Yesterday, I wrote about resilience – how our species gets stronger as we become more connected.
Today, I'd like to put those words into action. The war on Ukraine is evil and cruel. It reflects humanity at its worst.
But the internet makes it easy to deliver money and resources to the people who need them most. The web, when used for good, is humanity at its best.
To that end, I hope you'll consider donating to Support Hospitals in Ukraine, an organization that has partnered with Project CURE to deliver millions of dollars of humanitarian medical cargo to Ukraine since 2014.
I am matching subscriber donations up to a total of $150. Just forward your donation confirmation to me at email@example.com by 1pm ET on Sunday to get it matched.
And since my employer will also match my contribution, every dollar you donate will go a long way for those in need.
In lieu of a traditional post today, I'm sharing the words of the astronomer Carl Sagan. The following is an excerpt from his book Pale Blue Dot: A Vision of the Human Future in Space. It's a timeless call to action – a call for kindness and compassion, for we must find a way to share the only home we have:
Look again at that dot. That's here. That's home. That's us. On it everyone you love, everyone you know, everyone you ever heard of, every human being who ever was, lived out their lives. The aggregate of our joy and suffering, thousands of confident religions, ideologies, and economic doctrines, every hunter and forager, every hero and coward, every creator and destroyer of civilization, every king and peasant, every young couple in love, every mother and father, hopeful child, inventor and explorer, every teacher of morals, every corrupt politician, every "superstar," every "supreme leader," every saint and sinner in the history of our species lived there-on a mote of dust suspended in a sunbeam.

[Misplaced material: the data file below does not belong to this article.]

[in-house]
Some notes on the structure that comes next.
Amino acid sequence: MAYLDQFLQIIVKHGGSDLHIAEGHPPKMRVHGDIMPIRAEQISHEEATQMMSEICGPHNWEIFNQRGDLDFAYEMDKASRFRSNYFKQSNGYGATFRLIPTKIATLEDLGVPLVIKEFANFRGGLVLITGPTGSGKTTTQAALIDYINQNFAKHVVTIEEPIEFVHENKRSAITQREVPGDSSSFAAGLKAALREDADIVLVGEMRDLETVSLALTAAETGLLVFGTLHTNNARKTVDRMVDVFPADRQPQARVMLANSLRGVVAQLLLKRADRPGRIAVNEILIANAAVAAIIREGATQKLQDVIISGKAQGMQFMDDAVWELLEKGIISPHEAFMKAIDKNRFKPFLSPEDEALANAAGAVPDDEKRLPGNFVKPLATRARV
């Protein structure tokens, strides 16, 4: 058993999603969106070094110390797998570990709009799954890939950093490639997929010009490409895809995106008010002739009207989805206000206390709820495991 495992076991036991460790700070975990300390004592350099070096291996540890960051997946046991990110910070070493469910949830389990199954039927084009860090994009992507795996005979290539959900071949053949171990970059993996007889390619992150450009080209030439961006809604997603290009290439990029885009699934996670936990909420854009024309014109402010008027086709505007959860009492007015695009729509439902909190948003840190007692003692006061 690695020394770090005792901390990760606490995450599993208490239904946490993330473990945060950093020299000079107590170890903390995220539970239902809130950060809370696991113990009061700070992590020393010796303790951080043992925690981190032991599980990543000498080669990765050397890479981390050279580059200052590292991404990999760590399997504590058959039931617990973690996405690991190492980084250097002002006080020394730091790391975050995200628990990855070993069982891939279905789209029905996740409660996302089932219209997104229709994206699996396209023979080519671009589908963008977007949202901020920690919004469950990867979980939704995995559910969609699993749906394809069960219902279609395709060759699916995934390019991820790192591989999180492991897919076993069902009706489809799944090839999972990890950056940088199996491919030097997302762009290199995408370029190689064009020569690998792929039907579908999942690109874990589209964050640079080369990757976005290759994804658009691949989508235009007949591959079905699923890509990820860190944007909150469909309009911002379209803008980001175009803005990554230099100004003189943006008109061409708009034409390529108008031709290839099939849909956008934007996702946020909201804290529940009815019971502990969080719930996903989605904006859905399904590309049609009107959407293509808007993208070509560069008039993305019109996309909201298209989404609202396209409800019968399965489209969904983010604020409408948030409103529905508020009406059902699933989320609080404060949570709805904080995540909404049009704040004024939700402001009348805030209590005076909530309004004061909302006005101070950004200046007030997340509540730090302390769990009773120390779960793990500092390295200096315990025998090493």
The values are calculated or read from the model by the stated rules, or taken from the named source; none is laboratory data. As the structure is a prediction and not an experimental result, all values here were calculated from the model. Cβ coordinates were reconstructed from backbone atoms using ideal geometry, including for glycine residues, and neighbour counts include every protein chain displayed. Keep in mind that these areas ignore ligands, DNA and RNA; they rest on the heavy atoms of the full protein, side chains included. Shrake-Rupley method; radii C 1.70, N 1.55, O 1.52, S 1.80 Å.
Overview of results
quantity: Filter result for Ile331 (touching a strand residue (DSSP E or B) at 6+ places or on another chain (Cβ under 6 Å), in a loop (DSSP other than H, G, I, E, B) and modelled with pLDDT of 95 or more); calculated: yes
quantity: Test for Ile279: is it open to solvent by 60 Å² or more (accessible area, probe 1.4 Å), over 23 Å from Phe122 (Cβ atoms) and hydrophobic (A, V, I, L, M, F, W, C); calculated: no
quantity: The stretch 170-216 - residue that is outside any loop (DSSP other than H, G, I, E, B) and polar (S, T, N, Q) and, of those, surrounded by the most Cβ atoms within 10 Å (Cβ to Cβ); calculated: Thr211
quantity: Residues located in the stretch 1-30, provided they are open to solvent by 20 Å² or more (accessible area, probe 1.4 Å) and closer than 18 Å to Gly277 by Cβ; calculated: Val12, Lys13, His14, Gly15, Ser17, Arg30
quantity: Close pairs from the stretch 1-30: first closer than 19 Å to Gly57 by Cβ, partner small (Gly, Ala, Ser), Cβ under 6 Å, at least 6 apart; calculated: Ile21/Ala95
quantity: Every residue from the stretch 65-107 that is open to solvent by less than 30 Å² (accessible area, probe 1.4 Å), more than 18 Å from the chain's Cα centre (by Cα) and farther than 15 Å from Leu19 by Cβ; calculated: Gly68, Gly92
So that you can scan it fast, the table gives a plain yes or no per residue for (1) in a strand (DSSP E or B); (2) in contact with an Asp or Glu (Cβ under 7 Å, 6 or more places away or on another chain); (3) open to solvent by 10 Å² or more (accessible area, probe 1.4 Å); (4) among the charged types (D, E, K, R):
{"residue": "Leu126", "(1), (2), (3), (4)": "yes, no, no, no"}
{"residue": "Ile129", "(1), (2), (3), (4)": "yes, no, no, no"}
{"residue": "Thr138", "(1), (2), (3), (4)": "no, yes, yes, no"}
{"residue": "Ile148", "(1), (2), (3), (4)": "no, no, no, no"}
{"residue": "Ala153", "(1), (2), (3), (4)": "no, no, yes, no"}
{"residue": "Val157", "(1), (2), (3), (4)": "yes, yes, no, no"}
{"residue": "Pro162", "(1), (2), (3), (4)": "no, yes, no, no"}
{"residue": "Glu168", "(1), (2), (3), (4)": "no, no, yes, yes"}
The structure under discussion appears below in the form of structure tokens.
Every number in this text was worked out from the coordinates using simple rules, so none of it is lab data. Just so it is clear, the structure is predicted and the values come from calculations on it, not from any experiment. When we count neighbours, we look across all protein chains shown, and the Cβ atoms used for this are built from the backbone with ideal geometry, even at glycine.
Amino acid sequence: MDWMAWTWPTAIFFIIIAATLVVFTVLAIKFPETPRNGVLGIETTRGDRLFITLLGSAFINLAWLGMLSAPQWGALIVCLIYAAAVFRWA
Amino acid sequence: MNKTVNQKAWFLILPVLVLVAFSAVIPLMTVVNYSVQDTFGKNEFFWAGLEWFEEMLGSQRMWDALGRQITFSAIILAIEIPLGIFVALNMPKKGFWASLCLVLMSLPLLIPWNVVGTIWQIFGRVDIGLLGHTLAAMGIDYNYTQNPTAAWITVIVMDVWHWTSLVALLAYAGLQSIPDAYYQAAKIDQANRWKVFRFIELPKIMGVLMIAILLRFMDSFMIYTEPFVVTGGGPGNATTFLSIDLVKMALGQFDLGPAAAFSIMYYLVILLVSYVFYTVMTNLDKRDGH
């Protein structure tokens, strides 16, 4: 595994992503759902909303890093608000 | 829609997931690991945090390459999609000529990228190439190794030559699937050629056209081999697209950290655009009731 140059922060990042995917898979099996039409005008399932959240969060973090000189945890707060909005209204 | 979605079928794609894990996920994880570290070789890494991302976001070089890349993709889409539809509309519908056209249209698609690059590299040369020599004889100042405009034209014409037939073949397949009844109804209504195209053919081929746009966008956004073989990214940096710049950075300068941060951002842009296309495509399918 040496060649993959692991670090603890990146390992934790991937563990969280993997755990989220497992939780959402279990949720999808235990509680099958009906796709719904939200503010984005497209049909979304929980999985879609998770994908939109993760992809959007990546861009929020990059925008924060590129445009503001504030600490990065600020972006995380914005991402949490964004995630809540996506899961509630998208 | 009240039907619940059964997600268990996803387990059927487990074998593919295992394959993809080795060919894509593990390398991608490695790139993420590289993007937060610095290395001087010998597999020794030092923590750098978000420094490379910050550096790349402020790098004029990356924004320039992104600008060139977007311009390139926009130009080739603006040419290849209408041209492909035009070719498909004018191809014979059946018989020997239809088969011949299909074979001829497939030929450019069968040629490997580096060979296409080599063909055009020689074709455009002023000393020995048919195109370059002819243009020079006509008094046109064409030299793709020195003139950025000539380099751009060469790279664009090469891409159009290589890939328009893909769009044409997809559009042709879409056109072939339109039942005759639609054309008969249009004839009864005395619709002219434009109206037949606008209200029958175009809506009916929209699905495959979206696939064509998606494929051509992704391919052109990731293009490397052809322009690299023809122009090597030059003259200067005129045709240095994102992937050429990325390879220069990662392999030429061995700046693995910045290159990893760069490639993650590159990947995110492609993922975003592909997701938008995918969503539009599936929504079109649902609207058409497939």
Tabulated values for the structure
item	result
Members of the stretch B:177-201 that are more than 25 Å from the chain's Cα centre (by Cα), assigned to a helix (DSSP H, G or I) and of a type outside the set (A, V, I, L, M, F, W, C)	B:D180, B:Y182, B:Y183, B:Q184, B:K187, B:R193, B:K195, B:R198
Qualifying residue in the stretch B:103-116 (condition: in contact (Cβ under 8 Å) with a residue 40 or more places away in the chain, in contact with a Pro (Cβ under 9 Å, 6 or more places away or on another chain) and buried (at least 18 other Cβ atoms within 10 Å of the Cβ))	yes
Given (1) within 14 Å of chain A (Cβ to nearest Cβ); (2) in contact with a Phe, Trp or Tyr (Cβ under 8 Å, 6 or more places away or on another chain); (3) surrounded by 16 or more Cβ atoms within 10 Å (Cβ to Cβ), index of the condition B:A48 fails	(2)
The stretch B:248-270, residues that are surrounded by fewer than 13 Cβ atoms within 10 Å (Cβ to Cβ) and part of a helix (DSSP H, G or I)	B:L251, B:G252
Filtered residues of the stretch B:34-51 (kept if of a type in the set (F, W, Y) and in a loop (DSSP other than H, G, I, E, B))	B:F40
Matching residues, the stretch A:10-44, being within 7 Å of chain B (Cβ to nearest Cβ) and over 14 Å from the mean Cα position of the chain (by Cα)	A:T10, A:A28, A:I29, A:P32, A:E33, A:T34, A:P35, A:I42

The Earth is a very small stage in a vast cosmic arena. Think of the endless cruelties visited by the inhabitants of one corner of this pixel on the scarcely distinguishable inhabitants of some other corner, how frequent their misunderstandings, how eager they are to kill one another, how fervent their hatreds. Think of the rivers of blood spilled by all those generals and emperors so that, in glory and triumph, they could become the momentary masters of a fraction of a dot.
Our posturings, our imagined self-importance, the delusion that we have some privileged position in the Universe, are challenged by this point of pale light. Our planet is a lonely speck in the great enveloping cosmic dark. In our obscurity, in all this vastness, there is no hint that help will come from elsewhere to save us from ourselves.
The Earth is the only world known so far to harbor life. There is nowhere else, at least in the near future, to which our species could migrate. Visit, yes. Settle, not yet. Like it or not, for the moment the Earth is where we make our stand.
It has been said that astronomy is a humbling and character-building experience. There is perhaps no better demonstration of the folly of human conceits than this distant image of our tiny world. To me, it underscores our responsibility to deal more kindly with one another, and to preserve and cherish the pale blue dot, the only home we've ever known.